Seen in this light, Mayo's ropy record in their home ground is of a piece with the rest of their province.

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Early Super 8s picture

At Super 8s level, we're still dealing with a small sample size but the clear advantage to home sides hasn't been borne out yet. 

Of the eight 'home and away' ties in 2018 - excluding Dublin's 'neutral' games - five were won by away teams, two were won by home sides, and one finished a draw. 

In the inaugural Super 8s campaign, away sides had a ball. Donegal won in Roscommon, Tyrone won in Donegal, Dublin won in Tyrone, Galway won in Kildare, and Monaghan won in Galway.

The overall picture - and the bad news for Mayo this weekend - suggests that home advantage is quite a marginal factor in the football championship, particularly in provincial encounters and, so far, in Super 8s matches. 

Admittedly this hypothesis has yet to be tested, but it's reasonable to wonder whether the desegregated crowds at most GAA games might be watering down home advantage.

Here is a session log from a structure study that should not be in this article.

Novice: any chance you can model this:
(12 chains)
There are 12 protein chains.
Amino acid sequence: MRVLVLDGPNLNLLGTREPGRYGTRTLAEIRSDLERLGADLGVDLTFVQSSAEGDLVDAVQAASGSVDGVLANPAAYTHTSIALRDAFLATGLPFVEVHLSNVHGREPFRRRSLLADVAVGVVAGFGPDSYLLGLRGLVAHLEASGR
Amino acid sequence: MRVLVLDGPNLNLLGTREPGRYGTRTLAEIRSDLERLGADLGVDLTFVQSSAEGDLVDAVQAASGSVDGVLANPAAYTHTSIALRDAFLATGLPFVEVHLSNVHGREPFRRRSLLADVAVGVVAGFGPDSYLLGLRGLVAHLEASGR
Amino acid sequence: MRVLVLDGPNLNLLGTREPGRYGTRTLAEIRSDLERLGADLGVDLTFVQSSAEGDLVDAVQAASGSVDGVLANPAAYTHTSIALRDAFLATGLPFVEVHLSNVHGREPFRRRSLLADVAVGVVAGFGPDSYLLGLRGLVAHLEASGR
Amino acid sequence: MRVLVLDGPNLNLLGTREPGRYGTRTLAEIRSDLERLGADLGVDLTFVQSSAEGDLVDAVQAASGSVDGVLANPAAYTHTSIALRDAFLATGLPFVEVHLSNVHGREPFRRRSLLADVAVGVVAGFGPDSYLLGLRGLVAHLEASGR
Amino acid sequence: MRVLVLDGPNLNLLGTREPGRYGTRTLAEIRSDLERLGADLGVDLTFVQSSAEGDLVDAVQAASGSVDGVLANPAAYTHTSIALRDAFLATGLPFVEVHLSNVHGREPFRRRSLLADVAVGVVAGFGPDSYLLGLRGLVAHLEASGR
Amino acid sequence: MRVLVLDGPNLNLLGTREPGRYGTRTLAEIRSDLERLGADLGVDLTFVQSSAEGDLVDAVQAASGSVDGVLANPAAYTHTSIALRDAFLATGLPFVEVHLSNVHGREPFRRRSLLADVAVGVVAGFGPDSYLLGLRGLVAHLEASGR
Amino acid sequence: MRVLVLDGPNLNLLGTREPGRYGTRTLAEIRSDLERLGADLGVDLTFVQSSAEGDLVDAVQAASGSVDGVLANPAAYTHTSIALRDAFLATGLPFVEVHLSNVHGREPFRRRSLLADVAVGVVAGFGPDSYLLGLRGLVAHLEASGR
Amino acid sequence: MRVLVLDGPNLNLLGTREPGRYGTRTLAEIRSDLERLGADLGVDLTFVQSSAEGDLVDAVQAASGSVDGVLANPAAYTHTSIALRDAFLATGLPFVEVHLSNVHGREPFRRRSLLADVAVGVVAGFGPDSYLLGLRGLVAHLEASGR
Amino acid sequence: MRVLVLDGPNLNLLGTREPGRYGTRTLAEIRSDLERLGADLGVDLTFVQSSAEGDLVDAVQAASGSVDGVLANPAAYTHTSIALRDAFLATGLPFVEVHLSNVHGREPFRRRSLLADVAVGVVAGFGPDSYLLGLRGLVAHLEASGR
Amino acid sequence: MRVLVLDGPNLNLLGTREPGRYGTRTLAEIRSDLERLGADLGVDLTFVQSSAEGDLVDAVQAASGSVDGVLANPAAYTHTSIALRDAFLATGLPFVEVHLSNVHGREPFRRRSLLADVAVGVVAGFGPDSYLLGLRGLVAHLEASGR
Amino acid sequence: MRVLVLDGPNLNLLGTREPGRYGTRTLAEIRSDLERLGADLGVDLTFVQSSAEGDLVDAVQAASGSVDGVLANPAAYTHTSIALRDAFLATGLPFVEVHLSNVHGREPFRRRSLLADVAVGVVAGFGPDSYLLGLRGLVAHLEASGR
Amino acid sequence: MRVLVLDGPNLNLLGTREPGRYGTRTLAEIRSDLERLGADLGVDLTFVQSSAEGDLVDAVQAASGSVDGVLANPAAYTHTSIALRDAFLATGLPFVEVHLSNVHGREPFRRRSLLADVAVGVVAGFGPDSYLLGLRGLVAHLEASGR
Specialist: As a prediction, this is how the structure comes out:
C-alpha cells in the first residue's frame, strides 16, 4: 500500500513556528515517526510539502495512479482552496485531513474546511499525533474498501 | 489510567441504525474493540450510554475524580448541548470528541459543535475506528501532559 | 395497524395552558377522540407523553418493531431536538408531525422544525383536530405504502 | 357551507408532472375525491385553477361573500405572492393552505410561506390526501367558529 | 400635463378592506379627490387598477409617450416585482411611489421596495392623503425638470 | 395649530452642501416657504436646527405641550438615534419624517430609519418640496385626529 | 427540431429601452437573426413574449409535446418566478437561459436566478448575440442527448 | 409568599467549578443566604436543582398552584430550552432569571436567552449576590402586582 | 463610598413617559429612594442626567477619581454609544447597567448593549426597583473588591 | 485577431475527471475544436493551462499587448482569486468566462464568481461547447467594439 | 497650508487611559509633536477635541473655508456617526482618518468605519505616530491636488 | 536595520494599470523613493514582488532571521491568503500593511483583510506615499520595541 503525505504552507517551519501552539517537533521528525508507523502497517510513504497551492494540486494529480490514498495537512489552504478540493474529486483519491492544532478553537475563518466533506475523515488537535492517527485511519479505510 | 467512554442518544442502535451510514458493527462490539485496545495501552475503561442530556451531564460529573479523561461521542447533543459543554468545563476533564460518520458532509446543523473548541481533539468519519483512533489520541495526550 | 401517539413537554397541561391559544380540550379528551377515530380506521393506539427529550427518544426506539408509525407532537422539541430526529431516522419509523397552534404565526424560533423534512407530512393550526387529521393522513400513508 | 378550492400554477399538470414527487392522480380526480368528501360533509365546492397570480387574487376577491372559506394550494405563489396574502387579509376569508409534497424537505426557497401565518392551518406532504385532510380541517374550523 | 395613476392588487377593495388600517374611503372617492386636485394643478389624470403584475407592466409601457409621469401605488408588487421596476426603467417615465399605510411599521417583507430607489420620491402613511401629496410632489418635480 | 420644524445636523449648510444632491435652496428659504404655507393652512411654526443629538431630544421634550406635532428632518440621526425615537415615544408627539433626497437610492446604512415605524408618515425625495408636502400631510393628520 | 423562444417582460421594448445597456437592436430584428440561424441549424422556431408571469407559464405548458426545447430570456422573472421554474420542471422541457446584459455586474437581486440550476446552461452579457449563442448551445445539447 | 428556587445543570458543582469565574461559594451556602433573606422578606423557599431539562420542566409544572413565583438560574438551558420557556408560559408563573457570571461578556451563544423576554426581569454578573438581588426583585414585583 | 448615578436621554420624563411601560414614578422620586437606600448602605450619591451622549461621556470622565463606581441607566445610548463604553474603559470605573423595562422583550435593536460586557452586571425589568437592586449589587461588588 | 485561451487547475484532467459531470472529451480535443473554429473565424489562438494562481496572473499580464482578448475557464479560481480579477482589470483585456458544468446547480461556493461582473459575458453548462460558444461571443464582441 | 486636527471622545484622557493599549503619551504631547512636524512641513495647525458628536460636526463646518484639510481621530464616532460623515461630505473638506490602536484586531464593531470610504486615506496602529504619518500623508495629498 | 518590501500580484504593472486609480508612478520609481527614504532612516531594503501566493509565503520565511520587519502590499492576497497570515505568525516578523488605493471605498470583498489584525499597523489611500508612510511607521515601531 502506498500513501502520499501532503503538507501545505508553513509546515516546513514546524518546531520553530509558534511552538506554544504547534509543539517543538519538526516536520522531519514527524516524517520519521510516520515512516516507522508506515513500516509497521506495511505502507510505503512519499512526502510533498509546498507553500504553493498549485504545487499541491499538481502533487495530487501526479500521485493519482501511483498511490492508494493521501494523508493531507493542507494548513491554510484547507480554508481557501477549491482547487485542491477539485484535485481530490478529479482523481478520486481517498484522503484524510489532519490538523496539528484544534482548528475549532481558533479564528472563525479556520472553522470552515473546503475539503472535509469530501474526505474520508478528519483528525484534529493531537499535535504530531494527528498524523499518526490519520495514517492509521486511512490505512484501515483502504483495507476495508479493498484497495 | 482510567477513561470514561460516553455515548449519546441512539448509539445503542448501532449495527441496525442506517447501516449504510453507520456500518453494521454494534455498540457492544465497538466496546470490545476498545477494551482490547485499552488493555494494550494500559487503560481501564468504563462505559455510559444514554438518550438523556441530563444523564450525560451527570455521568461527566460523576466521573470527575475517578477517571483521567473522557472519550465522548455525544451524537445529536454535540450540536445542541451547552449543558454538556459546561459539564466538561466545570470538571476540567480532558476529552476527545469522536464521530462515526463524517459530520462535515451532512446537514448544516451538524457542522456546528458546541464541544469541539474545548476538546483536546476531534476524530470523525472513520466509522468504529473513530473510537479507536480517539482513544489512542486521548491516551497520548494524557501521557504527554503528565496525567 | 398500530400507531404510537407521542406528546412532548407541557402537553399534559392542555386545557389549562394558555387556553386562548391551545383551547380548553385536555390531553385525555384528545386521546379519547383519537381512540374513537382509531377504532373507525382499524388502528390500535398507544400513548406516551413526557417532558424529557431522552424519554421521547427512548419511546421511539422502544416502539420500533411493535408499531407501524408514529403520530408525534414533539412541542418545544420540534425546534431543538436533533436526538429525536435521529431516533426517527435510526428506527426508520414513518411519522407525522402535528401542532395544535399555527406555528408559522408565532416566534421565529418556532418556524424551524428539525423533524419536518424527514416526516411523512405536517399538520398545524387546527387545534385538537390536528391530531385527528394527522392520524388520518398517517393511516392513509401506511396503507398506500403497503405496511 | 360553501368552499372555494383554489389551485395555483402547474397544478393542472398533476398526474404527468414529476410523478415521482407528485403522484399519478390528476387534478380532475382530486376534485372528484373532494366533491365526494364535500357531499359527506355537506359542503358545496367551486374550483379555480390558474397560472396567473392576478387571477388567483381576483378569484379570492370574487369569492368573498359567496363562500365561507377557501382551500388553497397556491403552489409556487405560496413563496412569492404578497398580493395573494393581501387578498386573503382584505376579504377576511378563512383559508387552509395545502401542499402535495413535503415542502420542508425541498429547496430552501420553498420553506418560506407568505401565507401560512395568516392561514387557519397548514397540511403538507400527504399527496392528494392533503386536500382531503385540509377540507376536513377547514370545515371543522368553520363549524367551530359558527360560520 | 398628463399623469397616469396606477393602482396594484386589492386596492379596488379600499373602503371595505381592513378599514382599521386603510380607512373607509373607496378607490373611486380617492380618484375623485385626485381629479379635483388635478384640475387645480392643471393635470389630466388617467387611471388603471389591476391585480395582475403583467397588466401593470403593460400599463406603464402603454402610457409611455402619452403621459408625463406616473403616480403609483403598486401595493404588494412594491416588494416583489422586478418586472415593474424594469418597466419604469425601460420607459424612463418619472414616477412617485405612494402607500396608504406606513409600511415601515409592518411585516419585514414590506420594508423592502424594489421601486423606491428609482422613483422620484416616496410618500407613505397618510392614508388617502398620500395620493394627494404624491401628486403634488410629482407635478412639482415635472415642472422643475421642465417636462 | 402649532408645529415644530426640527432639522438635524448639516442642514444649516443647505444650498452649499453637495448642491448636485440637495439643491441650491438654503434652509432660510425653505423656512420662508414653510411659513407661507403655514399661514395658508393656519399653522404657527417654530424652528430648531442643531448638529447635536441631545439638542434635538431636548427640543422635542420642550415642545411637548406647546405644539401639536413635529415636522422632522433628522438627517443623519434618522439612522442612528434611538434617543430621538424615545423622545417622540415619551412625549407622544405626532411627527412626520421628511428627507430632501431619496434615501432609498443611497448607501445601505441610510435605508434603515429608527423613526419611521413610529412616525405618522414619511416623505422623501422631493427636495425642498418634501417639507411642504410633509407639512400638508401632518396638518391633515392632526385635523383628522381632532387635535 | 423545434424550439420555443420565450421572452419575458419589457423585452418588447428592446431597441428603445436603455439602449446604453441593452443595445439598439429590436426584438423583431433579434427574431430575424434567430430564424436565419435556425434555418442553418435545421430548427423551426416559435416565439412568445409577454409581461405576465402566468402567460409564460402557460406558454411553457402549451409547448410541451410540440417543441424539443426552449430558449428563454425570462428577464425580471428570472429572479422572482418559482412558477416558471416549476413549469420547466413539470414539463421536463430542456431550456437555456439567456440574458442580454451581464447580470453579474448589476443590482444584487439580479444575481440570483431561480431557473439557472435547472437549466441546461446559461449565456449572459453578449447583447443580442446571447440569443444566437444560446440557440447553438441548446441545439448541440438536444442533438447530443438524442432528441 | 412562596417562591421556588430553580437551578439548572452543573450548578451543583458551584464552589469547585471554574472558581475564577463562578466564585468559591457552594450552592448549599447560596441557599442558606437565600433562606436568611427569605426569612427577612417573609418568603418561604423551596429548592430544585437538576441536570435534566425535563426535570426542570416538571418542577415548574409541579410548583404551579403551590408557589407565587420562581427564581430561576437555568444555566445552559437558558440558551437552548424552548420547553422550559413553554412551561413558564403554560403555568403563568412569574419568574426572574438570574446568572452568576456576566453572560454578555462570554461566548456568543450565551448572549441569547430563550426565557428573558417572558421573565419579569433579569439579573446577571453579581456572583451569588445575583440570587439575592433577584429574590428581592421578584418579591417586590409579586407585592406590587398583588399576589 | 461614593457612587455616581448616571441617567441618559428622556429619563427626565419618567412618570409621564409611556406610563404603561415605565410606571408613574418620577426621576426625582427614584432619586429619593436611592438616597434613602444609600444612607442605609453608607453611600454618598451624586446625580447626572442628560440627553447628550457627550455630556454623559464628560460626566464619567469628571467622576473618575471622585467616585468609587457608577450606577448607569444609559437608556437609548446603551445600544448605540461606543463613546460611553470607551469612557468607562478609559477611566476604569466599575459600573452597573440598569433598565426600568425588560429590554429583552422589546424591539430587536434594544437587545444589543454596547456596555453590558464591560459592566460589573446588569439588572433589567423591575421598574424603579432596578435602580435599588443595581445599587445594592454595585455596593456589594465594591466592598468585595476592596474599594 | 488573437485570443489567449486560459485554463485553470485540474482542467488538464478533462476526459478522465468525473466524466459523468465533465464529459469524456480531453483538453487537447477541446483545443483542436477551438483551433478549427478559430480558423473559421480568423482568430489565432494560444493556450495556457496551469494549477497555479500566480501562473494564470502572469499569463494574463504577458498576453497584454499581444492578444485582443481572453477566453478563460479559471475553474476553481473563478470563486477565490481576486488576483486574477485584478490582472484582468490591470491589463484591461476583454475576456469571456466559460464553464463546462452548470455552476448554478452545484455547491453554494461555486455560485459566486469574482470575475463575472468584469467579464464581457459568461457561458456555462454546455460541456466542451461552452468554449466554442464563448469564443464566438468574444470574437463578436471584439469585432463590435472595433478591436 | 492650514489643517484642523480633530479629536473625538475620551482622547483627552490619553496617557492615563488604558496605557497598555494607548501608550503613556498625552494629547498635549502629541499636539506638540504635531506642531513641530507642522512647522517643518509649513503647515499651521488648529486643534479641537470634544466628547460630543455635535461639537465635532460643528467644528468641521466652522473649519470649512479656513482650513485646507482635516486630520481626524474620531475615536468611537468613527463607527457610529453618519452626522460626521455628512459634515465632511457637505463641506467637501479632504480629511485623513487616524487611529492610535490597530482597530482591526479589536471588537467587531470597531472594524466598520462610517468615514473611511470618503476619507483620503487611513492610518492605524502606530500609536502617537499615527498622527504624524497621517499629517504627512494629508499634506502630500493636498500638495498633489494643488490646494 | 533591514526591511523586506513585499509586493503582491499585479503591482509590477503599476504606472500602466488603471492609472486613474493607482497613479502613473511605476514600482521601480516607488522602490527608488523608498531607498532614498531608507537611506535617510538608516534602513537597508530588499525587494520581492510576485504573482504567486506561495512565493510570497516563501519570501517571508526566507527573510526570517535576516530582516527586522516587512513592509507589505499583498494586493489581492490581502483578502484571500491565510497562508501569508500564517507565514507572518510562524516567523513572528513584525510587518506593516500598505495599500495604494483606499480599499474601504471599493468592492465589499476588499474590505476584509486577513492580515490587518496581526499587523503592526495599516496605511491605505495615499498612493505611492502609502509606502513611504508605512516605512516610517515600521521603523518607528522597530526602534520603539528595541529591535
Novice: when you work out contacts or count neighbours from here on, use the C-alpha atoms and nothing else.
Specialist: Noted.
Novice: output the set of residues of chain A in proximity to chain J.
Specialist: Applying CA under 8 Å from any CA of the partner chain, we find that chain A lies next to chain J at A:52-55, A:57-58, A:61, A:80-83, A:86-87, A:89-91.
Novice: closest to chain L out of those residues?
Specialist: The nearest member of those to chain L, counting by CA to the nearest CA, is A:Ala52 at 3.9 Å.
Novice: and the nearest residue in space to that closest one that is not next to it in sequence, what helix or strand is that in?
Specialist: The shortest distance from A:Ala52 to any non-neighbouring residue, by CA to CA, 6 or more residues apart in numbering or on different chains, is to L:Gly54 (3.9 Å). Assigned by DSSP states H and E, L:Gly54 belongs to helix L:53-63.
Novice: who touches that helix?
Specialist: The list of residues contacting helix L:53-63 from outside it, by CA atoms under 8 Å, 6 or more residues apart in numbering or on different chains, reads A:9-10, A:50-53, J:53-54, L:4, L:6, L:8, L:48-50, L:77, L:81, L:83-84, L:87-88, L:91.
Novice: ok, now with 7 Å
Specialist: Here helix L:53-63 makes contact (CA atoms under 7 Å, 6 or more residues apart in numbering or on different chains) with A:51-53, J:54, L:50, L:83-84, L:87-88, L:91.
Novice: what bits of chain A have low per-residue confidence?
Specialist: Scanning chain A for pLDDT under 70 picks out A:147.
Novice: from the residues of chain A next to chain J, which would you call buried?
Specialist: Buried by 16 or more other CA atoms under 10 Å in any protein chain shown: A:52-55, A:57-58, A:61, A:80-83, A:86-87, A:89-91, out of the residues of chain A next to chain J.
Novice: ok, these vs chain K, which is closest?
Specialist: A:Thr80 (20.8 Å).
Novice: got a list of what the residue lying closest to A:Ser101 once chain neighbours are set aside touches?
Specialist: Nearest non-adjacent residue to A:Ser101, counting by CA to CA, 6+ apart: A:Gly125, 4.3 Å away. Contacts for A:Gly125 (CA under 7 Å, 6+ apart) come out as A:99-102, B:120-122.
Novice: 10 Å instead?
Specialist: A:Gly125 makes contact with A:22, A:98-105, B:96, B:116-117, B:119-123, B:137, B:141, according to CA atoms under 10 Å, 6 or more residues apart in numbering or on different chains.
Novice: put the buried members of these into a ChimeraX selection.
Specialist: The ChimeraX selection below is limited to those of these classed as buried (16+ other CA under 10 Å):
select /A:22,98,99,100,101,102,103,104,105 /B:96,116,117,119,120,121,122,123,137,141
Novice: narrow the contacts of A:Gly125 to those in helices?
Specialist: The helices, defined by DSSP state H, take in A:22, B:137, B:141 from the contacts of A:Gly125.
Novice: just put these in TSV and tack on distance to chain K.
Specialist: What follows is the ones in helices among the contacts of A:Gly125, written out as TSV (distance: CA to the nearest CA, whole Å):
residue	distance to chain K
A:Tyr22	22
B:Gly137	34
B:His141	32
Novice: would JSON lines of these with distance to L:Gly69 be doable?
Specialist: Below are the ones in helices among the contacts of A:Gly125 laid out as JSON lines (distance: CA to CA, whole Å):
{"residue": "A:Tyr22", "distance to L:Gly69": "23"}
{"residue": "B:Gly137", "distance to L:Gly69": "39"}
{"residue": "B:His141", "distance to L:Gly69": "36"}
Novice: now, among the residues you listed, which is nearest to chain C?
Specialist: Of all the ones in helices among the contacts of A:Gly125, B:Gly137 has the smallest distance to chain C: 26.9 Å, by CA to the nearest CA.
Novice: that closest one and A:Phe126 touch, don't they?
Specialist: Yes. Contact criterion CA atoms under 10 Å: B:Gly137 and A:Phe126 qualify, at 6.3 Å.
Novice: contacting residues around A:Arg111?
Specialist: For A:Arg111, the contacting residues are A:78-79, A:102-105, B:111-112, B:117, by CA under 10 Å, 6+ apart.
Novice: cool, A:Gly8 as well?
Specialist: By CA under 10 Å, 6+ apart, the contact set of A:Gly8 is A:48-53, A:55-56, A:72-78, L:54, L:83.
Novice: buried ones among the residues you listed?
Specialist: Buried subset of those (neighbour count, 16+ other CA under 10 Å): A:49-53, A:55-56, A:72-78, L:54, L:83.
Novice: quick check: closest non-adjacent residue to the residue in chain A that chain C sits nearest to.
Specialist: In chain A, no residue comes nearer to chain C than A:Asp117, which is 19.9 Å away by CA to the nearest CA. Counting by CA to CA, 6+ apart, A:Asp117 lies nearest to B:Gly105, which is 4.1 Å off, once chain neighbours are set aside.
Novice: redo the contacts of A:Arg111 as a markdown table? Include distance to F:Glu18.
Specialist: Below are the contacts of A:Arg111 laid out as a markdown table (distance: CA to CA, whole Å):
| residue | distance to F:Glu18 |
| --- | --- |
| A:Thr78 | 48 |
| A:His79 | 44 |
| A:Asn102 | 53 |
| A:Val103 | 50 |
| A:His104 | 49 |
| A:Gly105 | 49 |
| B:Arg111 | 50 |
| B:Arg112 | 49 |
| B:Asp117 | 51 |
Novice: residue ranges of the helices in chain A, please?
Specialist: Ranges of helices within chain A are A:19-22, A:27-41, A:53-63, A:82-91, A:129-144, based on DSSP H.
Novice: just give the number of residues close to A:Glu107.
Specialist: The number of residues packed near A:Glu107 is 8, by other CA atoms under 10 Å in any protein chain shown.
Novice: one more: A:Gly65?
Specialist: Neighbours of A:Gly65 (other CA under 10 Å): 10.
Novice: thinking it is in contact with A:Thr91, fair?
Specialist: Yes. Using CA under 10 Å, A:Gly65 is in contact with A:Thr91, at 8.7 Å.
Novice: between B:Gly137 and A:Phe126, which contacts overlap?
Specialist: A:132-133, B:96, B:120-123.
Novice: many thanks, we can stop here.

Nevill's study found that referees were subconsciously affected by crowd noise, whether it be by having their first impression of an incident reinforced by baying supporters, or by an unconscious urge to get a crowd off their backs. 

It is only a theory but the desegregated nature of the typical GAA crowd may help to dilute this affect. Supporters grouped together en masse are more effective at building noise and creating an intimidating atmosphere. It is also probably true that away support forms a bigger proportion of the overall crowd at your average championship match, especially in provincial games between neighbouring counties. 

The Mayo crowd is famously frenetic and vocal but Castlebar, just south along the western seaboard, isn't much of a trek from Donegal.

The away side could well bring a healthy support on Saturday evening. Nothing other than a win will keep Mayo in the championship but recent history suggests that the MacHale Park factor will count for very little.